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Alumina pressuring aluminium supply chain

Metal News - Published on Thu, 18 Oct 2018

Image Source: Reuters UK
Reuters reported that the alumina market is experiencing a year of unprecedented turbulence. Alumina, which sits in the aluminium production process between bauxite and refined metal, has historically been a highly efficient link in the supply chain. It hasn’t generated many headlines over the years because it has largely avoided any newsworthy disruption. It is, to quote Greg Wittbecker, analyst at the CRU research house, one of those markets “people have taken for granted”. Not any more. A series of supply hits have sent the alumina price on a rollercoaster ride this year, at one stage threatening the closure of several European aluminium smelters. This volatility poses some hard questions for aluminium producers, not least as to how alumina is priced.

Alumina’s year of turmoil began in February, when a Brazilian court ordered the part suspension of Hydro’s Alunorte refinery after heavy rains raised concerns about leakage from the plant’s tailings ponds. Alunorte, with capacity of 6.3mn tonnes a year, is the world’s largest single alumina production site and has been operating at half capacity ever since. Hydro threatened full closure of the plant on October 3 as the existing tailings area reached capacity, but it reversed the decision on October 8 after the authorities granted permission to use a new residues facility. Alunorte has reverted to half-capacity operation, as have the bauxite mines that feed it and the Albras aluminium smelter that takes some of its product.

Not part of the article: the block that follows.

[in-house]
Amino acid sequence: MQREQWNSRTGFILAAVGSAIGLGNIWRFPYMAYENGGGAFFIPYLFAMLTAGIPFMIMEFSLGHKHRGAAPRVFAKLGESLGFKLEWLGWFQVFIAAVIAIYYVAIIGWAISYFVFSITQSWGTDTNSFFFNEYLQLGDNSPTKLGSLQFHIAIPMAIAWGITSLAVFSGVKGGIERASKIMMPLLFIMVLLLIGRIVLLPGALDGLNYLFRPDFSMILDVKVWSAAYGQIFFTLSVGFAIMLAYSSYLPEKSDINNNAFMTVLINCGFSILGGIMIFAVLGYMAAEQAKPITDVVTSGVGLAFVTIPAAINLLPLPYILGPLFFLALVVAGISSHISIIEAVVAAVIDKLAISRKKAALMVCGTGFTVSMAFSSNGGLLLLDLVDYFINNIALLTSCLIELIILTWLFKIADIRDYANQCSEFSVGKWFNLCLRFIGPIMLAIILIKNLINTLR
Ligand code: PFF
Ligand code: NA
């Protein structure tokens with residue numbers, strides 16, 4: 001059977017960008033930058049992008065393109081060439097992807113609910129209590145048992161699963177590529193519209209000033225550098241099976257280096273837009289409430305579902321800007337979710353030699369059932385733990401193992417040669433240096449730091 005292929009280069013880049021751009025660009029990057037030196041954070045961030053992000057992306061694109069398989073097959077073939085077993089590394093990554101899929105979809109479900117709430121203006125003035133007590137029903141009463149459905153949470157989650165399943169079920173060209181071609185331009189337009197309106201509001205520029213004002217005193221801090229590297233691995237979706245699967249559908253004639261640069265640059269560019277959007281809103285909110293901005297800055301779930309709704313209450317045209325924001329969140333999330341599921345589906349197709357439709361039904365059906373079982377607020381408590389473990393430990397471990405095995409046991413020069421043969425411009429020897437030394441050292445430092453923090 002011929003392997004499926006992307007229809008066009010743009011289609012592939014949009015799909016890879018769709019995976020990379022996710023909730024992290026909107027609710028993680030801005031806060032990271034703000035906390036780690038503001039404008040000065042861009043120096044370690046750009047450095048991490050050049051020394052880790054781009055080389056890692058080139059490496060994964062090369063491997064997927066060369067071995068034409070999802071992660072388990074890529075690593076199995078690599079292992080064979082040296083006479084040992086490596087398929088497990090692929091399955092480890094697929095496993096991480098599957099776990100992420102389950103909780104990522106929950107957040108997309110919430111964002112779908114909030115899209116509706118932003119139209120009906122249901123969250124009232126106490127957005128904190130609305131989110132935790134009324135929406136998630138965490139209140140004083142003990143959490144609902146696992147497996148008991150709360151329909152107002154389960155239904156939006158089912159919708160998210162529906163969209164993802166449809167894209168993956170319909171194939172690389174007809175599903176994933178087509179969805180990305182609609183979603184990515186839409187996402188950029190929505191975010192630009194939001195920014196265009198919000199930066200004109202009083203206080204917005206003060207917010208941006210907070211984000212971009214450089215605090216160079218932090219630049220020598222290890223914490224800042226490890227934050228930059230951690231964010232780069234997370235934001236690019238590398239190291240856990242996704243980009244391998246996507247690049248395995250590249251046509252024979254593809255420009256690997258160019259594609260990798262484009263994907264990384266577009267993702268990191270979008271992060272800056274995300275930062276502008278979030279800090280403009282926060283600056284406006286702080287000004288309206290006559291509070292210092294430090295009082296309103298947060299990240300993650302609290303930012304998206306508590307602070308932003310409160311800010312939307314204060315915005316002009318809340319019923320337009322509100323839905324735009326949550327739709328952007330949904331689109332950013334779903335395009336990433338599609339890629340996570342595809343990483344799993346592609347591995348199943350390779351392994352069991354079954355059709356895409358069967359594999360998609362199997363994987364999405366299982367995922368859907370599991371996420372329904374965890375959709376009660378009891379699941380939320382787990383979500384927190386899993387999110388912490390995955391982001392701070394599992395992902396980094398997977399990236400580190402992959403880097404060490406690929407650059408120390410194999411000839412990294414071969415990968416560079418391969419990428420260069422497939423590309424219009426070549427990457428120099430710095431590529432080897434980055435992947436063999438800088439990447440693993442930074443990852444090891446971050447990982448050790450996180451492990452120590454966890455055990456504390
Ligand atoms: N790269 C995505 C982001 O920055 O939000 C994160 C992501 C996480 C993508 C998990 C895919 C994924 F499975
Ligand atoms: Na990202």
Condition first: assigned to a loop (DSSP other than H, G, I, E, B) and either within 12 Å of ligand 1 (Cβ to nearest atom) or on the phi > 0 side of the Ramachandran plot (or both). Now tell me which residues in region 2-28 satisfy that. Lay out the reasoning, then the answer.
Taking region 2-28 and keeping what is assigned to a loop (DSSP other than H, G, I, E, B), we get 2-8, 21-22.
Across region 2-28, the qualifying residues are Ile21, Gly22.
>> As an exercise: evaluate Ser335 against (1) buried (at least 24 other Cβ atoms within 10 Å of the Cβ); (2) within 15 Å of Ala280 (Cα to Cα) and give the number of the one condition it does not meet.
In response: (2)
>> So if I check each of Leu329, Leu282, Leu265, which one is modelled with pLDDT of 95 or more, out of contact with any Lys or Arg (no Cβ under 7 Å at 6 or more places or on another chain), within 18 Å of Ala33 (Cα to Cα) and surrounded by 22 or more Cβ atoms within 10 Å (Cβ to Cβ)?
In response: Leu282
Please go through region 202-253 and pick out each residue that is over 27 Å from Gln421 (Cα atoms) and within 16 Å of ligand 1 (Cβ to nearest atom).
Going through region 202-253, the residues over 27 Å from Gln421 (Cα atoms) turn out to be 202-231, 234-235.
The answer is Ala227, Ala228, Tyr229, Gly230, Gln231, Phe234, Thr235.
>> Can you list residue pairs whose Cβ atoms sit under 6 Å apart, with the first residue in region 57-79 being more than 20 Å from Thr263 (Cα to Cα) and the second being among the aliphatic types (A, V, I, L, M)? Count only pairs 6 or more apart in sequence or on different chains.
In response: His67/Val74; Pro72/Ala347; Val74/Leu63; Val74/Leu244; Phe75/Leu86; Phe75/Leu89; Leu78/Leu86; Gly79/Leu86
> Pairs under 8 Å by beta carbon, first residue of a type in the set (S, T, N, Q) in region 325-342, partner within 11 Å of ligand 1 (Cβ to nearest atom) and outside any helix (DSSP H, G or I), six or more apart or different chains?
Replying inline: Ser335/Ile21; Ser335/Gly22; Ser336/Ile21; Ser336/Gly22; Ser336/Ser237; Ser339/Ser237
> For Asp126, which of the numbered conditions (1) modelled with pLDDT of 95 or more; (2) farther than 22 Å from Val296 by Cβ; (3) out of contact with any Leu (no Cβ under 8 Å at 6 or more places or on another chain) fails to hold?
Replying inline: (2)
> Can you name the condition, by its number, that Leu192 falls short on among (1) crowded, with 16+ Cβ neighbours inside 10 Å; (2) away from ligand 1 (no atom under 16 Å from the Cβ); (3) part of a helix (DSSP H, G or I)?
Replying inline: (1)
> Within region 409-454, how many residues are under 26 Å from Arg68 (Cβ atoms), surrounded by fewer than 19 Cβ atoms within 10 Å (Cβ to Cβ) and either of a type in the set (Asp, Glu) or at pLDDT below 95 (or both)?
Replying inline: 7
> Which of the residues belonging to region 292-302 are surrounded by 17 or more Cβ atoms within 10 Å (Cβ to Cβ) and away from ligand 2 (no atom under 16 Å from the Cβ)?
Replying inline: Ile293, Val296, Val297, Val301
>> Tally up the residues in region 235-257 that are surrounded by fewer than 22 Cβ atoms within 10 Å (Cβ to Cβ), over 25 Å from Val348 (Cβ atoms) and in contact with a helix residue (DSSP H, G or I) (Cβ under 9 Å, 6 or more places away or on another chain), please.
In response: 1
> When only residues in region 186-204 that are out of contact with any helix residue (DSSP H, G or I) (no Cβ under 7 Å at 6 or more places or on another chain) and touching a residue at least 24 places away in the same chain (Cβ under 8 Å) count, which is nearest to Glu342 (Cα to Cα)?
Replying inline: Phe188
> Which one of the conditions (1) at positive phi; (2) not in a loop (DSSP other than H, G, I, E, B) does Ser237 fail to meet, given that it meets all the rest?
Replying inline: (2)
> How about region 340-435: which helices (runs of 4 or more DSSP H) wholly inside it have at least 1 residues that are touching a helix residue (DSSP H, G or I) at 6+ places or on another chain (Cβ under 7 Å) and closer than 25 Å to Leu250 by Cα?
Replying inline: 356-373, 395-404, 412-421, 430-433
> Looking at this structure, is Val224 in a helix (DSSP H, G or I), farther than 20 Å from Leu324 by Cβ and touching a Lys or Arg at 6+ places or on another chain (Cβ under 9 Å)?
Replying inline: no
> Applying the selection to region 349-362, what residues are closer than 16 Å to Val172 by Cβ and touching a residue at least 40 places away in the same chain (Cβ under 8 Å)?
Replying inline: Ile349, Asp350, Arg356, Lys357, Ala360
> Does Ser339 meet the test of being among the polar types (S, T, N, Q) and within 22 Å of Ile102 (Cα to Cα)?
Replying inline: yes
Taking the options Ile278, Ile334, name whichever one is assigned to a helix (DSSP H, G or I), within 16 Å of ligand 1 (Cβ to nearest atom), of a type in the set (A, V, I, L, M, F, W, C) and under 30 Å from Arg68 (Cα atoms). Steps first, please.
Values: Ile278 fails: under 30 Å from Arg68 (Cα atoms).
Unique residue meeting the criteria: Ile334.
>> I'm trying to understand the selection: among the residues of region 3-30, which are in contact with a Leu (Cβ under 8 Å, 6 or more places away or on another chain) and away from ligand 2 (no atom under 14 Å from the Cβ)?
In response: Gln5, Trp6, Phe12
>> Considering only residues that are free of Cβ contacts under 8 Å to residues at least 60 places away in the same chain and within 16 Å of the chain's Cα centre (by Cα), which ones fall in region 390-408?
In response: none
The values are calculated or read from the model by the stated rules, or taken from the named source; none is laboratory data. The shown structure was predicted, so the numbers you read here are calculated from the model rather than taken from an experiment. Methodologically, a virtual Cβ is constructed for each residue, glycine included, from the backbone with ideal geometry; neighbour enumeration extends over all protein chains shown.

The CME alumina price has whipsawed on the latest Alunorte developments, surging from $425 a tonne to $620 on the full-closure news before retreating back to $515 on confirmation it would resume 50% production.

The market’s Alunorte woes were compounded in April, when the United States slapped sanctions on Oleg Deripaska and his Rusal aluminium empire. That blew a hole in alumina’s complex supply chain, threatening the closure of Rusal’s Aughinish refinery, which in turn placed at risk the European smelters that rely on the Irish plant’s output. The sanctions deadline has been extended again to December 12 and the market’s assumption is that it is only a matter of time before they are lifted fully.

However, the fragility of the alumina supply chain has been brutally exposed, serving as wake-up call for the aluminium sector and the US and European governments, who received a short, sharp lesson in the multiple interdependencies of this previously uncontroversial commodity.

Source :

Posted By : Rabi Wangkhem on Thu, 18 Oct 2018
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